Wednesday, July 31, 2013

Viera Wetlands 7/29/13

You guessed it, this cicada did not impale itself on the branch....

This Loggerhead Shrike looks a bit guilty.

Sure enough, it was the "butcher bird"!

 I was a bit annoyed with myself that I got busy following this Ceraunus Blue and missed the impaling event.

At least I got my first photo of this tiny, colorful butterfly with its wings open.

Ceraunus Blue

Another slow day for birds, but lots of butterflies still around.

Phaon Crescent

Southern Dogface

Dainty Sulphur

Monday, July 29, 2013

I Heart Damselflies

Although damselflies are smaller and weaker fliers than dragonflies, I find them equally as interesting to observe. I sometimes have to look a little hard to find these little guys, but they are generally easier to photograph as they seem to stay still longer. Here are a few of the species  I've encountered over this past week, most of which were at the local ponds/wetlands.

Rambur's Forktail

Rambur's Forktails are one of the most prominent damselflies found around ponds and wetlands. There are currently a large number of them at the Viera Wetlands.

This is how most of them are spending time right now. When damselflies mate, the male can be seen on top, clasping the female's thorax with the terminal appendages on the end of its abdomen. The  female loops forward so copulation can be completed. In this heart-like position (which lasts for various amounts of time), the connected damselflies are still able to travel about.

The pair usually then separates so the female can go lay her eggs. It looked to me like the female laid her eggs on the male in this pair that I observed?

mating Rambur's Forktails

There is also a variation of female Rambur's that is orange, which I believe is what this is. I only saw one of these at the wetlands.

color variant female Rambur's Forktail

This past weekend I took a short trip to Missouri to visit some friends. I found this Azure Bluet (I think) one evening while I was out wandering around. This species was quite vibrant, well at least the male was, and easy to find!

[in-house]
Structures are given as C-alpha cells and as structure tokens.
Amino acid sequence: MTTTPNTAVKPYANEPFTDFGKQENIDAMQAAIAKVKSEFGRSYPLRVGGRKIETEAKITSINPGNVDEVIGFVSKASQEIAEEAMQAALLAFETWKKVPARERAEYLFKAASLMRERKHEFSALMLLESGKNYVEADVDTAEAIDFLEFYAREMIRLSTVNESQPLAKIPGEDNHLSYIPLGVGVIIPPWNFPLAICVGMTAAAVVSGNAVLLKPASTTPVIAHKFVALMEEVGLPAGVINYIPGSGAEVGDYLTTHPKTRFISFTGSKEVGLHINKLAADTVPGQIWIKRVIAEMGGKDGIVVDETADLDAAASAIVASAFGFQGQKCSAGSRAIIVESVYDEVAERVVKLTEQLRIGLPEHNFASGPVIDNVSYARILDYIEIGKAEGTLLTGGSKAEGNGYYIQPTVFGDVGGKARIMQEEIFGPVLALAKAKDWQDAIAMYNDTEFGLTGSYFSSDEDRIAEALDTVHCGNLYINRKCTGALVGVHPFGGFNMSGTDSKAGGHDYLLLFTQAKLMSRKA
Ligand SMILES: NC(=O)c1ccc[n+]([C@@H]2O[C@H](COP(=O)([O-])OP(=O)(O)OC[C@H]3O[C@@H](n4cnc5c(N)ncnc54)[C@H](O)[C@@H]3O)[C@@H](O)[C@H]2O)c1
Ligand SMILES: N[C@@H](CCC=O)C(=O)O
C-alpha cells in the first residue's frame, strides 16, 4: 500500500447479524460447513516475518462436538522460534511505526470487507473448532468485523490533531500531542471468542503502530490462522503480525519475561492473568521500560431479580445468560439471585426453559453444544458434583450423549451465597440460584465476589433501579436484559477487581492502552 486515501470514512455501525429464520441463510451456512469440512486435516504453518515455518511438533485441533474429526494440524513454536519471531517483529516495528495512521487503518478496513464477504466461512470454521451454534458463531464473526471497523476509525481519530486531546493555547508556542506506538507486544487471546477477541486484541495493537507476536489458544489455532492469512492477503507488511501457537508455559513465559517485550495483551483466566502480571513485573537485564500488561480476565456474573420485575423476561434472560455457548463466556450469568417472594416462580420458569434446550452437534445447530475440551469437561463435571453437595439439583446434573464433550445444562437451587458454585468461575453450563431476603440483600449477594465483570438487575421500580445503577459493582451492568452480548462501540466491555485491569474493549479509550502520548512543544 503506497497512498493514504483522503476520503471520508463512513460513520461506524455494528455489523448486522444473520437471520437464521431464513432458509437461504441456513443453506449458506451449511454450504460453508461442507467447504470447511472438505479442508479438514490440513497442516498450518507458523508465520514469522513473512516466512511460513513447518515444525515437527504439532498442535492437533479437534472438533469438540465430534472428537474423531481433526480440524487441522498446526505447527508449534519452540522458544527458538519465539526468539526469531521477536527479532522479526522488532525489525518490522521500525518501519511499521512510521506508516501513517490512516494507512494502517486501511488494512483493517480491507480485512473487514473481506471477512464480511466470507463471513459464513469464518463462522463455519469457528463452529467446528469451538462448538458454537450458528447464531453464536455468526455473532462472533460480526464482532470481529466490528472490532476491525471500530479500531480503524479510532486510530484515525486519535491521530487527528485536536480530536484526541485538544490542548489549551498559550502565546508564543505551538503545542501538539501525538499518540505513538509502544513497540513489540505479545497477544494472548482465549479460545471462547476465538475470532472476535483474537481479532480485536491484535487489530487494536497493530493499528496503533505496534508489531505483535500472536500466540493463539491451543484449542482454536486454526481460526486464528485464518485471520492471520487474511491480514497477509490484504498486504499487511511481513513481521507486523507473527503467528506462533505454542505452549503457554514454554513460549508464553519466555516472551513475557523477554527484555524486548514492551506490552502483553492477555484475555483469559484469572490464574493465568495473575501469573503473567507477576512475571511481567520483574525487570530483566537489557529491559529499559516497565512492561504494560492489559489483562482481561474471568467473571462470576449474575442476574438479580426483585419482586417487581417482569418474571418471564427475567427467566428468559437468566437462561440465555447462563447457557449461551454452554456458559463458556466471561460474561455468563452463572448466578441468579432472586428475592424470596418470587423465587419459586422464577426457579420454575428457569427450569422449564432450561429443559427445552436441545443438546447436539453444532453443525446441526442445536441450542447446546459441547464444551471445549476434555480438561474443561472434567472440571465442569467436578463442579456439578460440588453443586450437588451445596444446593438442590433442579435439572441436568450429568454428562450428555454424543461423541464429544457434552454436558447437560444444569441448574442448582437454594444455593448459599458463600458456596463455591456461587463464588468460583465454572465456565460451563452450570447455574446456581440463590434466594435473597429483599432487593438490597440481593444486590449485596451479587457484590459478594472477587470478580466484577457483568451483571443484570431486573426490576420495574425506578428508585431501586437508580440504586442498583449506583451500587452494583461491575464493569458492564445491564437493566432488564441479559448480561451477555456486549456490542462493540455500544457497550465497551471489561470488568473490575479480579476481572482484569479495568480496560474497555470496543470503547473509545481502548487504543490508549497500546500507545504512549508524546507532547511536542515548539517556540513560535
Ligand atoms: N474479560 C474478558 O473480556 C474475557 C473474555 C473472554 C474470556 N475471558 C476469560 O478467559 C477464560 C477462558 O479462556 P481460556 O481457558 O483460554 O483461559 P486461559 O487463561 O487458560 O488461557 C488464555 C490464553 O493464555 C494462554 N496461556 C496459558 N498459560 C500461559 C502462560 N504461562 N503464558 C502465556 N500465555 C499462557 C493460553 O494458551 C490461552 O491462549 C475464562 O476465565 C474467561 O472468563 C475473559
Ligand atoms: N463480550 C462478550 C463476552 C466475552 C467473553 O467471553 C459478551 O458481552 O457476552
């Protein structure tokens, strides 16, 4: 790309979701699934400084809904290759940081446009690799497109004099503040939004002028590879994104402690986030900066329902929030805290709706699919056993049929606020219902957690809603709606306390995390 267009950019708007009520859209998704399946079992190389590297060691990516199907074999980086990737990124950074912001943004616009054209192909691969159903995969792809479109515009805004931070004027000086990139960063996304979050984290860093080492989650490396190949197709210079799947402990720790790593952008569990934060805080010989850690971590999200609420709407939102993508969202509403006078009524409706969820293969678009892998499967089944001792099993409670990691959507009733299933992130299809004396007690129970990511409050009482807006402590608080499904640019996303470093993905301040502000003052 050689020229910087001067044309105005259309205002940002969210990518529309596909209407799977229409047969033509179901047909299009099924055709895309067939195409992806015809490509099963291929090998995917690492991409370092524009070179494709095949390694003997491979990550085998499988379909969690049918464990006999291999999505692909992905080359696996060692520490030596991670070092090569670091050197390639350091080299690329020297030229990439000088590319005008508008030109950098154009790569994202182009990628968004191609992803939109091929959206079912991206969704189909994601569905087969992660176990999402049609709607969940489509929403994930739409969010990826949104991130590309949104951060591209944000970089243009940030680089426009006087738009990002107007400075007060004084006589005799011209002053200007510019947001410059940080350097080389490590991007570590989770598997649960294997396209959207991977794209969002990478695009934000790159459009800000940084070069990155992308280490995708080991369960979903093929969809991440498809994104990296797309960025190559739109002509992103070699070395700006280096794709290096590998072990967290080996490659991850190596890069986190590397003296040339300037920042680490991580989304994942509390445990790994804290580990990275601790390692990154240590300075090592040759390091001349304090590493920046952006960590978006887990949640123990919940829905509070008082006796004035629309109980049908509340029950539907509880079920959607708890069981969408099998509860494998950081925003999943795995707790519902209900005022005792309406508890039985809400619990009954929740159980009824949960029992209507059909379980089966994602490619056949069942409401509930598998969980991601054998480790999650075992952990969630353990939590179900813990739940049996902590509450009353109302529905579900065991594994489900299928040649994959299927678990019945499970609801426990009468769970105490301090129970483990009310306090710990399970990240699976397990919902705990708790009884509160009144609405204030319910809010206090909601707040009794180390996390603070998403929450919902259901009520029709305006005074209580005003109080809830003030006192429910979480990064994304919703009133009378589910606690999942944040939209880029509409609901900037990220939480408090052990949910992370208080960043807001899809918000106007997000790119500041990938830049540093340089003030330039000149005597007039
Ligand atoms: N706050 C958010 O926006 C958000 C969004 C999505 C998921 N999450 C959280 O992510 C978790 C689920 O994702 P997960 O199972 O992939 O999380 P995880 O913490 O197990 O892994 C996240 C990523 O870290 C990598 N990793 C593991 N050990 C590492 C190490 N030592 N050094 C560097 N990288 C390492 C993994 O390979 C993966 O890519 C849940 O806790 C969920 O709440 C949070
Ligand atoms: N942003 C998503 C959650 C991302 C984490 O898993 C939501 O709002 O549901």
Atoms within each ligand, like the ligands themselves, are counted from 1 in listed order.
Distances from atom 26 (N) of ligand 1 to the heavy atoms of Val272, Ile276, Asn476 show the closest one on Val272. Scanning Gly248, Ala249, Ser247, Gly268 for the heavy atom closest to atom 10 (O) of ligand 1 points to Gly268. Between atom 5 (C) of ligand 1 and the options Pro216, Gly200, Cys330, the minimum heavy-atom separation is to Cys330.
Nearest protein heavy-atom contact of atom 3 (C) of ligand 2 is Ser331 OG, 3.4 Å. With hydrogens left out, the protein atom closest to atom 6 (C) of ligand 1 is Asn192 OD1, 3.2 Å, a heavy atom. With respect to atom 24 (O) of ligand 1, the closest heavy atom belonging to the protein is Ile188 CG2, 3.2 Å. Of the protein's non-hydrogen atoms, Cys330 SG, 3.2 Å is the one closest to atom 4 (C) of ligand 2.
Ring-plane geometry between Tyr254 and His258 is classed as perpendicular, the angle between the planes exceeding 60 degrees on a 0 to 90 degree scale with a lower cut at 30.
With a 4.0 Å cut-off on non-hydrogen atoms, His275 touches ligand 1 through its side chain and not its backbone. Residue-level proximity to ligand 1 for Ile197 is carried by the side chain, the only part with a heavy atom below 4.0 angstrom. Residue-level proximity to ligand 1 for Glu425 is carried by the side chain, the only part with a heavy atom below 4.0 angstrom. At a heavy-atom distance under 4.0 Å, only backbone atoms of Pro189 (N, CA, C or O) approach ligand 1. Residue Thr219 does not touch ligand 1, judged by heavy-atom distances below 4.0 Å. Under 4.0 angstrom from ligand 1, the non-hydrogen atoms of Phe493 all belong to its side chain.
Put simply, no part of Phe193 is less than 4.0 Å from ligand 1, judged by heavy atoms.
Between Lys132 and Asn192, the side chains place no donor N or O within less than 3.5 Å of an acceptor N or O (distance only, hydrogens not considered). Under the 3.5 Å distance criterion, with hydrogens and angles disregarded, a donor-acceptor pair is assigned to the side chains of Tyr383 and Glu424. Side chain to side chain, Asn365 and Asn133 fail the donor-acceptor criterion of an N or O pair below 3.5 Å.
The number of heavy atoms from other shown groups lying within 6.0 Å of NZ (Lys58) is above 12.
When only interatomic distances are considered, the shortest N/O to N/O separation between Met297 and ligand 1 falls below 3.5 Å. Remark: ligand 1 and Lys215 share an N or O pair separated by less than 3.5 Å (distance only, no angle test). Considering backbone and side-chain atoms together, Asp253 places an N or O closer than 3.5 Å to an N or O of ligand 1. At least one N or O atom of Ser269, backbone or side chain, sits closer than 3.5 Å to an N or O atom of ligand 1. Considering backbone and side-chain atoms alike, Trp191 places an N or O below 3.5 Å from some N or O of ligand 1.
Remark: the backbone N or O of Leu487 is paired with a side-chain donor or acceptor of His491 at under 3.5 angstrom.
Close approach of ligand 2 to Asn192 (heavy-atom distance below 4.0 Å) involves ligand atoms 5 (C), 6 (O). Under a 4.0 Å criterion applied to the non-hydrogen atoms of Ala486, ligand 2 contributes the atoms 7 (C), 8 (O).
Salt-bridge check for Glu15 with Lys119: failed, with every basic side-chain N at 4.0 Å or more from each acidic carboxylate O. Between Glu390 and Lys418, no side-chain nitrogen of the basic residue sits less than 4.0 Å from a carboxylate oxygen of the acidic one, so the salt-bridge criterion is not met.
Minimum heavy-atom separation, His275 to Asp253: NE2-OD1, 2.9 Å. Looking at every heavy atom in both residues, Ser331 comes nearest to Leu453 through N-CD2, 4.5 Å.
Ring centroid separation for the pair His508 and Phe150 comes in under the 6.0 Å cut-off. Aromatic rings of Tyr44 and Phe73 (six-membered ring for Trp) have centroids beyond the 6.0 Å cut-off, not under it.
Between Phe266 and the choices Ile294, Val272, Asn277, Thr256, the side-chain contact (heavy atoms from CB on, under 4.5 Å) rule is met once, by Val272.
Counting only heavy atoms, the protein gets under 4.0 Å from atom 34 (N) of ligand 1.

male Azure Bluet eating a mosquito

Another reason I love to see damselflies, as well as dragonflies, around is they consume those ever so pesky mosquitoes that are always preying upon me. As I was photographing this damselfly, it captured a blood filled mosquito (that had probably just stung me).

It didn't take the damselfly long to eat up the mosquito!

female Azure Bluet

Have a great week:)

Monday, July 22, 2013

Wetland Butterflies

What makes for a great day of bug hunting...very few birds to see (it's just that time of the year), even fewer people in the area (not so many people looking at me like I'm crazy for laying/crawling in the dirt), and being sans toddler (3 year olds do not enjoy being still or quiet for long periods). So, my Saturday visit to the wetlands, which happened to be open to foot traffic only (which means significantly less people), while the toddler was spending the day with grandparents made for the perfect day to go exploring with my macro lens...

~Dainty Sulphur~ 

The Dainty Sulphur is a small butterfly that is found year round throughout Florida. I also saw several Cabbage White butterflies (also part of the sulphur family), which are pretty dull compared to the Dainty.

~Ceraunus Blue~

This was the first Ceraunus Blue that I've found. These butterflies are really small (3/4-1 inch) and easy to overlook. They are considered common and found year round in Florida. The species is very similar to the Cassius Blue. The Cassius, however, has 2 spots on the hindwing, where the Ceraunus only has one.

~Gray Hairstreak~

I think hairstreaks are some of the most interesting butterflies. Most (but not all) are identified by a small protruding "hair" at the bottom of its tail. This Gray Hairstreak was feeding on some Shepard's Needles, one of its favorite nectar sources.

~White Peacock~

White Peacocks are common throughout Florida and were the most abundant species I saw.

~Gulf Fritillary~

I observed both species of fritillaries laying eggs.

~Variegated Fritillary~


Queen butterflies are always delightful to see. Queens are cousins of a species they strongly resemble, the Monarchs. Both of these "milkweed butterflies" are part of the same subfamily and are known to lay their eggs on various types of milkweed. The ingestion of milkweed contributes to the defense of these species as it makes them toxic to predators.

~Fiery Skipper~

Most Skippers have large, moth-like bodies, small wings, and hooked antennae.